The "Book of the Earth" is an Ancient Egyptian funerary text that has been called many names such as The Creation of the Sun Disk and the Book of Aker. The Book primarily appears on the tombs of Merneptah, Twosret, Ramesses III, Ramesses VI, and Ramesses VII and serves as a counterpart to the Book of Caverns. The central figures in the story are Osiris, Ra and ba, while the over arching plot is the journey the sun takes through the earth god, Aker.
The scenes were found on all of the walls of the tombs of Ramesses VI and Ramesses VII, where a few additional scenes were found on the walls of other royal tombs extending from the New Kingdom to the Late Period.
Jean-Francois Champollion was the first one to publish the scenes and texts from the tomb of Ramesses VI in his Monuments de l'Egypte where he deciphered the hieroglyphs depicted in the tombs. Alexandre Piankoff was the first one to really study the composition of the images and hieroglyphics and looked for a meaning behind it. Bruno H. Stricker provided an explanation of the book as a divine embryology in 1963.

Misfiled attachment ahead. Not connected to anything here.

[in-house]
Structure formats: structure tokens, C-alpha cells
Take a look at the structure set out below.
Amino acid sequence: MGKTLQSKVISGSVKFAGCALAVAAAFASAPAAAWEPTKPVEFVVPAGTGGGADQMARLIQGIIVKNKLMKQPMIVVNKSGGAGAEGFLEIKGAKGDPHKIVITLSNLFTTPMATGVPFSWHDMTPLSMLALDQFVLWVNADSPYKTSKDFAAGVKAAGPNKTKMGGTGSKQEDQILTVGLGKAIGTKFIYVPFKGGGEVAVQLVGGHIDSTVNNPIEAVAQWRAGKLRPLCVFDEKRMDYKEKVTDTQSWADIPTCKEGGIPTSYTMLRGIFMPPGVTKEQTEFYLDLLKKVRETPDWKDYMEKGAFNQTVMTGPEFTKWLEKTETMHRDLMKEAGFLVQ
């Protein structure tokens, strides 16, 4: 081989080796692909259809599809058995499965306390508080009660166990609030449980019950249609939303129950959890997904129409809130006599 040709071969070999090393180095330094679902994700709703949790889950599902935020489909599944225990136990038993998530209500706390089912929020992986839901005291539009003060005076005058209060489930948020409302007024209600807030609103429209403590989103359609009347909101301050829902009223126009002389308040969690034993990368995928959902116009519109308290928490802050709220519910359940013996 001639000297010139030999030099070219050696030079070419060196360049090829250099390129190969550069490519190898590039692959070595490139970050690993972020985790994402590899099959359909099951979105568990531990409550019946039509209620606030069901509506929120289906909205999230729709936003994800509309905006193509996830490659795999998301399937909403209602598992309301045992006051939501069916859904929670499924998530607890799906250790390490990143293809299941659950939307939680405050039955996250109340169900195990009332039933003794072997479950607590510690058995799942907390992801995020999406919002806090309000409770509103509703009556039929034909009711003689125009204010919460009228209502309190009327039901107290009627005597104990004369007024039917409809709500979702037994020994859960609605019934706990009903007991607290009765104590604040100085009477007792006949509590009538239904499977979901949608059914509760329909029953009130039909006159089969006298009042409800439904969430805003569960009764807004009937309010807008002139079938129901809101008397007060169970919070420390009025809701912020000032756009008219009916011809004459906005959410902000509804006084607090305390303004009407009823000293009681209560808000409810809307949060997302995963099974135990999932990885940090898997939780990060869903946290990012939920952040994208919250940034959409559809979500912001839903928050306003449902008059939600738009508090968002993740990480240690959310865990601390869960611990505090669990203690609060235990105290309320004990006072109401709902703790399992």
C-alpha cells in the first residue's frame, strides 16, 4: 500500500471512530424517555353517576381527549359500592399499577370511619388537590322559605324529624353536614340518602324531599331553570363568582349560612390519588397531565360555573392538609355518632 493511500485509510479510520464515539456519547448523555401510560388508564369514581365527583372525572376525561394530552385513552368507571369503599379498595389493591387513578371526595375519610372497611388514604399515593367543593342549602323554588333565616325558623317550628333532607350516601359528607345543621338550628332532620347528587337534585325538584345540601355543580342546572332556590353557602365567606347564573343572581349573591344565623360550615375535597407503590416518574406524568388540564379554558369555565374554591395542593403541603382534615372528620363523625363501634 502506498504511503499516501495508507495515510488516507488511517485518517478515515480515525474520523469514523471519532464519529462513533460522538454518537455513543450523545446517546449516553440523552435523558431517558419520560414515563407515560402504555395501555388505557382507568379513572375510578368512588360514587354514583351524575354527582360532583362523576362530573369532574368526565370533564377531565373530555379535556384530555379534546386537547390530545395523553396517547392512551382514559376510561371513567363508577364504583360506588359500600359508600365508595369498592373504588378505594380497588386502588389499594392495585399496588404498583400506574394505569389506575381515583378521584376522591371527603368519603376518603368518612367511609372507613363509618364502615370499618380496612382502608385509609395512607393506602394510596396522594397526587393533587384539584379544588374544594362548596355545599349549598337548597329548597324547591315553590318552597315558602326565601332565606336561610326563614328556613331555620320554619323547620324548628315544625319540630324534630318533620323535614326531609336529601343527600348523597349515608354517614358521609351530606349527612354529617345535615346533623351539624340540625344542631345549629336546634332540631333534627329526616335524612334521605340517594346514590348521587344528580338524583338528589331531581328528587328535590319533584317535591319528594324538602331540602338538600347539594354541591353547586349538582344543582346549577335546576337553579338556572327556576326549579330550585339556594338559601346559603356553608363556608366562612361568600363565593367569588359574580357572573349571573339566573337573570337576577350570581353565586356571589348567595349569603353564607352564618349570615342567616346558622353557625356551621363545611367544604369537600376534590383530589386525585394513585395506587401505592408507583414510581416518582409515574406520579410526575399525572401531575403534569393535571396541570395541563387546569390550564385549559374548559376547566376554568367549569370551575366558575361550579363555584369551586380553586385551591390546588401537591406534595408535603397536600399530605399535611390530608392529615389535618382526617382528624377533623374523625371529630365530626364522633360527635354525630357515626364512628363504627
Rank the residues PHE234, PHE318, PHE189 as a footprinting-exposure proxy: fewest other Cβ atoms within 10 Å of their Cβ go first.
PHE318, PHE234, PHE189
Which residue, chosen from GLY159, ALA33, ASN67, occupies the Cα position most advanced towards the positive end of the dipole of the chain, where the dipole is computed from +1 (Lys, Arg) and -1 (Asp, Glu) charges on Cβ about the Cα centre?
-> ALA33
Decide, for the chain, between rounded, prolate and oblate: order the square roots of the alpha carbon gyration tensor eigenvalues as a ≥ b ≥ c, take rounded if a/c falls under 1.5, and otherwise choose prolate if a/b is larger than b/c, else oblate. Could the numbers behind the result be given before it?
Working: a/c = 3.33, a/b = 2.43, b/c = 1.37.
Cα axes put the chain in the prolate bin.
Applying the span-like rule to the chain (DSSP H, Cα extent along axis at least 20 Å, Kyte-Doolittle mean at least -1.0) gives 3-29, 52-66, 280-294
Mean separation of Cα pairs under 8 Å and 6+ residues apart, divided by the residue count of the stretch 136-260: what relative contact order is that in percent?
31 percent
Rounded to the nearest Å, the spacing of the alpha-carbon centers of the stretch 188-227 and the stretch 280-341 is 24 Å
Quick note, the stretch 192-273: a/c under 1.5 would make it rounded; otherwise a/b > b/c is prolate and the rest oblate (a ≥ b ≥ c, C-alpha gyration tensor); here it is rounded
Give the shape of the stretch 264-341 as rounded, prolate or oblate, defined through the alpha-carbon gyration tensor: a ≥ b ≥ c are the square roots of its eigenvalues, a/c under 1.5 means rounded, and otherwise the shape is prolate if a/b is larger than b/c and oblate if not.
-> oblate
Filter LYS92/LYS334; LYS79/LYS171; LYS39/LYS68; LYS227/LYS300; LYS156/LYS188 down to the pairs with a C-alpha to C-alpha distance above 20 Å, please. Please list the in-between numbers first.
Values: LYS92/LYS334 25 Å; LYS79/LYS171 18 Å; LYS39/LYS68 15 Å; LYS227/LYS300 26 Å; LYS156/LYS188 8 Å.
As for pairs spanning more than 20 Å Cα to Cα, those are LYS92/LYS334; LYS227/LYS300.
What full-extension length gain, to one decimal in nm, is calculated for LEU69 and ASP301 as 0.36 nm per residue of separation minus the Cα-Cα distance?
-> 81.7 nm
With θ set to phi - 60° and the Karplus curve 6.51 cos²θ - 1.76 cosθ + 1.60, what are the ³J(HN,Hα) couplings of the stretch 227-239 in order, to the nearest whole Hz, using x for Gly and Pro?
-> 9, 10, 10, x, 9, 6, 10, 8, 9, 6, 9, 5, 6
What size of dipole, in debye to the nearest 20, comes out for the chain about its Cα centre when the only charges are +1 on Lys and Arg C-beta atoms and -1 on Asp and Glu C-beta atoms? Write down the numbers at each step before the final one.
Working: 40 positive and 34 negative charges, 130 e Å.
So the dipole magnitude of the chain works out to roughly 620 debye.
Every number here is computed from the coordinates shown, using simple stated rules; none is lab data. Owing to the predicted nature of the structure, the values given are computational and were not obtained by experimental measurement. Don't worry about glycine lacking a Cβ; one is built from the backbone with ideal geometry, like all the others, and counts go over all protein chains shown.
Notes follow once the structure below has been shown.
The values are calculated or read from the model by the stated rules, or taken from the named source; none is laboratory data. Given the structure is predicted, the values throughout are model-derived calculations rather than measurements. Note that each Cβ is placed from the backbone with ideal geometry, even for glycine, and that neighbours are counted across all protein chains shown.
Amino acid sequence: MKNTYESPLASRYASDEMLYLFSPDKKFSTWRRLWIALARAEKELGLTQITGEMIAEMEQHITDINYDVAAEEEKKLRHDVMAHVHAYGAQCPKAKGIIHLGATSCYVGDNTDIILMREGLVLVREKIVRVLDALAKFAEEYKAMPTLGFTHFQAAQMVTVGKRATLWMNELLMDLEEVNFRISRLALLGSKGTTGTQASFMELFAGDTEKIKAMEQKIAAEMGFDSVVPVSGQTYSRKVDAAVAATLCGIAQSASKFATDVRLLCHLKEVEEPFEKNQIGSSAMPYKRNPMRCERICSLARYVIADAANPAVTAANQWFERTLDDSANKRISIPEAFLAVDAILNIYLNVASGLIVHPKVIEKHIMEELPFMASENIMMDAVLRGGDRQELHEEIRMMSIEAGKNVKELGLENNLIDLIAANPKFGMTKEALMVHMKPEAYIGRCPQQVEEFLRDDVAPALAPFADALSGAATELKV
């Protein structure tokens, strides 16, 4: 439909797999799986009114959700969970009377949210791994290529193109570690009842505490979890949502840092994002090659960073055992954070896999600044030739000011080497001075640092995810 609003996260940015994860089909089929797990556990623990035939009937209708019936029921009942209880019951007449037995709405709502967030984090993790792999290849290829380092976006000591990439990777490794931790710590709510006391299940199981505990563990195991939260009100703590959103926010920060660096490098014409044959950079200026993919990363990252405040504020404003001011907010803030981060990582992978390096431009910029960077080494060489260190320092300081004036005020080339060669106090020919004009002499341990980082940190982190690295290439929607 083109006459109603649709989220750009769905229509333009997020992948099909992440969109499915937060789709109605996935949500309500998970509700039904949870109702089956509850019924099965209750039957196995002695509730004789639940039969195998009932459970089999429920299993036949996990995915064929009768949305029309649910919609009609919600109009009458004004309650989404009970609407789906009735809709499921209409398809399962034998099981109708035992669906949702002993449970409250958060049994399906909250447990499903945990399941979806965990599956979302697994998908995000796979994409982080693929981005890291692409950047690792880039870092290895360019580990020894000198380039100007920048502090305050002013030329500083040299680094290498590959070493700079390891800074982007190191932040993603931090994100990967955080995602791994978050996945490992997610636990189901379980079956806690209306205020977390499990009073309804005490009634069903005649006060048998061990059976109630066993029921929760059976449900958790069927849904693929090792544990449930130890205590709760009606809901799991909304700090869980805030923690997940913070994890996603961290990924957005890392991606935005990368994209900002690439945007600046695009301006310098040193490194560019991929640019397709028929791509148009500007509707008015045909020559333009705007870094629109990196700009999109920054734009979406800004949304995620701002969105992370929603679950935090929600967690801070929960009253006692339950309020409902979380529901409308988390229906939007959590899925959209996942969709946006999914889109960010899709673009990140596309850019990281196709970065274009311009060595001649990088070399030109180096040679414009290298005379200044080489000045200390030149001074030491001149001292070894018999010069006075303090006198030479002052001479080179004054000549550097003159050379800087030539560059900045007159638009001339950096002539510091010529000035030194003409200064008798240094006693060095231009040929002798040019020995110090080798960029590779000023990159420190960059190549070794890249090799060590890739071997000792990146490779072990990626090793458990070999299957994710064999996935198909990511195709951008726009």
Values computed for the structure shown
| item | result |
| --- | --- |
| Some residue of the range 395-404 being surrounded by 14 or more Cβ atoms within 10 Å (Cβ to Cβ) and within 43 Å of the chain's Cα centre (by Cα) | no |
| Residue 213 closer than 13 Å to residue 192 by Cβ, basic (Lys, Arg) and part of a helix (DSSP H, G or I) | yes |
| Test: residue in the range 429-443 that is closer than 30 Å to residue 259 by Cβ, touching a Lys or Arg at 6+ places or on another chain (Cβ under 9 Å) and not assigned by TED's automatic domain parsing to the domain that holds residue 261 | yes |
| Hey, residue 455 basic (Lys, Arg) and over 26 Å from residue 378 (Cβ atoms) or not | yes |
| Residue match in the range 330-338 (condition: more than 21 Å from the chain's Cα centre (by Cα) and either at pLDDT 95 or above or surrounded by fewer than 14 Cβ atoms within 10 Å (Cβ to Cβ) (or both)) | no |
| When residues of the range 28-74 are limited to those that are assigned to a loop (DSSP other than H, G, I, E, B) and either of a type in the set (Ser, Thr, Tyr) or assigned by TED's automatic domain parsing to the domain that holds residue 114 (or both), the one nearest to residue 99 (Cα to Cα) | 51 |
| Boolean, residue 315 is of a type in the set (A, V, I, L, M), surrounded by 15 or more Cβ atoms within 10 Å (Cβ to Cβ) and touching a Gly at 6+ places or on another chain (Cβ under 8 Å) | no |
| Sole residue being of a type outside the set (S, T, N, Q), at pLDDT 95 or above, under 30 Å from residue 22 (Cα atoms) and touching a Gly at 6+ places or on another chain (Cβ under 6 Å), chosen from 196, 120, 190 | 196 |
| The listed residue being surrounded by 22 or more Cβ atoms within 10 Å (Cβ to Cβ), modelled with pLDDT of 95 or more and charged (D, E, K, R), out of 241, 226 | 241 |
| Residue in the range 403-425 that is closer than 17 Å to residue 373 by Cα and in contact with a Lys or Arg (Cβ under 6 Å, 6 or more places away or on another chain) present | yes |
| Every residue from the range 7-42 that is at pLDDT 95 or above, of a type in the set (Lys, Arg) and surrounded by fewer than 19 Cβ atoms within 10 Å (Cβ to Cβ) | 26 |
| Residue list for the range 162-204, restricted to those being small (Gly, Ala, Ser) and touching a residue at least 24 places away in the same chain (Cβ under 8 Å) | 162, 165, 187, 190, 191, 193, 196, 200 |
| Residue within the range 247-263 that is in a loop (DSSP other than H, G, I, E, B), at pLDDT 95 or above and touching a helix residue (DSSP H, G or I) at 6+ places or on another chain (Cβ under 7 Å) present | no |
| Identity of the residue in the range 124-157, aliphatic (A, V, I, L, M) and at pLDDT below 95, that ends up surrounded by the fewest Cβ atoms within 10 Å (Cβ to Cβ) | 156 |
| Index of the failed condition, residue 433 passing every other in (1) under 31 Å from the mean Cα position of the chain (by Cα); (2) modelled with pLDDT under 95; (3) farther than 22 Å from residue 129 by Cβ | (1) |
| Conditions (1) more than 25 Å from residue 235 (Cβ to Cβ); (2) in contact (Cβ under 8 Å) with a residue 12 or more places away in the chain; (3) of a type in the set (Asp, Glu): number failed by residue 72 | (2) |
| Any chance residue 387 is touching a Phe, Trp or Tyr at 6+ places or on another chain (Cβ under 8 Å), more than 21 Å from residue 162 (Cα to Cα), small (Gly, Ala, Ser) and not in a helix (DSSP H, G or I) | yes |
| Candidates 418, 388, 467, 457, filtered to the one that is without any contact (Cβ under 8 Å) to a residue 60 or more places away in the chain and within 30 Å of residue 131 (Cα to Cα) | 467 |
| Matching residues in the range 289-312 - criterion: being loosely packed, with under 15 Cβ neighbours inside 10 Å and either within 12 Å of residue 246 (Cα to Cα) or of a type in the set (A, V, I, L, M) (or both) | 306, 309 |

Although it is uncertain, it is believed that the surviving panels of the original composition were divided into three registers. Thus making it unclear about whether or not scenes from other tombs are actually part of the story of the Book of the Earth.
Scholars believe that the Book consists of two halves with one half containing scenes of punishment. The Book of the Earth uses the sun disc as a reoccurring theme. The scenes are oriented so that they are facing to the right, and so that there is no visible morning goal, nor is there depicted the entry into the netherworlds. In the tomb of Ramesses VI, the book runs from right to left, which is the opposite of the typical configuration.
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